Growing patient preference ensures 'telehealth is here to stay' beyond COVID-19
A recent survey of some 2,000 Americans on the topic of telemedicine revealed a swift and dramatic shift in attitudes toward telehealth visits in the wake of COVID-19.
These findings are of particular interest for the rheumatology community — which, historically, was slow on the uptake of telemedicine — for two key reasons. One is that telemedicine is not going anywhere. The second is that most patients are on board with this new normal of their medical care.
“Overall, convenience was cited as the top factor that patients appreciated the most when using telemedicine or telehealth services,” Collin Czarnecki, a content strategist at Digital Third Coast, a Chicago-based marketing and research company, told Healio Rheumatology. “It appears that a majority of patients feel that telehealth is here to stay, even in a post-pandemic world.”
The critical issue, for the moment, is safety. One striking result of the survey, which was published by Indiana software company Harmony Healthcare IT, showed that 71% of respondents reported fear of visiting a doctor’s office due to COVID-19.
This fear played out as a dramatic shift in attitudes toward virtual platforms for doctor visits. Prior to the pandemic, 46% of respondents had used telemedicine. Since the pandemic began, that number has ticked up to 67%, with participants reporting an average of 2.9 telemedicine visits since lockdowns, quarantines and social distancing measures took effect.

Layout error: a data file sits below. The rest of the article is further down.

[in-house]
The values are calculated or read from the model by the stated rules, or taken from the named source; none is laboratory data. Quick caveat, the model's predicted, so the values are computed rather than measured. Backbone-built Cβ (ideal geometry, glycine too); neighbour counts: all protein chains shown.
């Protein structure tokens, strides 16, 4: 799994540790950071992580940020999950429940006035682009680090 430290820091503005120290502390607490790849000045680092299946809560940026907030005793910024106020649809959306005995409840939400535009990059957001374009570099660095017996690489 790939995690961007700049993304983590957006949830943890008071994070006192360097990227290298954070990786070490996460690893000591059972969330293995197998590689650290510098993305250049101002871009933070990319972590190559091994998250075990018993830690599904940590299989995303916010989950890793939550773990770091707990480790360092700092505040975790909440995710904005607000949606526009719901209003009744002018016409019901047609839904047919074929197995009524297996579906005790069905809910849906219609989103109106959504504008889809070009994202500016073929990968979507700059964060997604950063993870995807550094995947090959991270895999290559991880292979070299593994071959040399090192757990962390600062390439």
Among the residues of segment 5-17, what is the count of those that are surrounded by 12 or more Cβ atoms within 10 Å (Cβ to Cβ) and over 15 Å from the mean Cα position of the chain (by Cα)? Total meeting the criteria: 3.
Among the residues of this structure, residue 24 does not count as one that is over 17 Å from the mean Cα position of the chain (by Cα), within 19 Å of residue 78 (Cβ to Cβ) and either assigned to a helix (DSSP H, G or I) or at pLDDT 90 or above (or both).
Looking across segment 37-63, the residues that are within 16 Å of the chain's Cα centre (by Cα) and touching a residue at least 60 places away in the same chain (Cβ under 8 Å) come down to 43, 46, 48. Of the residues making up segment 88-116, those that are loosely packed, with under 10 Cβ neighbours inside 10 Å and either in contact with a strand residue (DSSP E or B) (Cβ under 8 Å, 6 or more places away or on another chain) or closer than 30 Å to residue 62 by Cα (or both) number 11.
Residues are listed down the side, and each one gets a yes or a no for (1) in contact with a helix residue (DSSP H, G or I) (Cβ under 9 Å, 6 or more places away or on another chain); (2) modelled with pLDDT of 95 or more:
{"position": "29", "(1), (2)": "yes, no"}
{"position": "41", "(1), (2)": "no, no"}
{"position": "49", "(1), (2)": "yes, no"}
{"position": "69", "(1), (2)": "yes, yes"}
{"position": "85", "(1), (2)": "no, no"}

As the sheer number of telehealth visits increased, patient satisfaction with this mode of health care also increased. While 63% of participants were apprehensive before their first appointment, 72% ultimately reported satisfaction after their visit.
Convenience, at 63%, and safety from virus exposure, at 59%, topped the list of attractive qualities of telehealth, but these were not the only factors driving patient satisfaction. “Safety and flexibility were also among the main factors that patients reported enjoying,” Czarnecki, who was lead investigator in the survey, said in the interview. “Most telehealth services give patients flexibility when scheduling visits and confirming follow-ups.”
The numbers underscore this message, with 46% citing flexibility as an appealing quality for telehealth. Czarnecki added that reduced wait time for doctor visits also was cited by 35% of participants surveyed.
Just shy of one-quarter of patients reported that the comfort of being at home made them satisfied with telehealth. In addition, they reported that scheduling follow-up visits was easier with telemedicine (18%) and that communication with their health care professional was improved using virtual platforms (16%).
“Telehealth also allows patients to see their provider through the comfort, safety and convenience of their own home,” Czarnecki said.
Respondents reported using telehealth to see a wide variety of medical providers. Virtual appointments with primary care physicians were the most common, at 59%, followed by 11% for both cardiologists and neurologists and 6% for oncologists. “Other specialist fields such as gastroenterology, endocrinology and rheumatology were cited, but they did not rank high among the other specialists listed,” Czarnecki said. “This could be due to the limitations of virtual visits and patients preferring a more hands-on, in-person visit when seeing these types of specialists.”
Other Areas for Improvement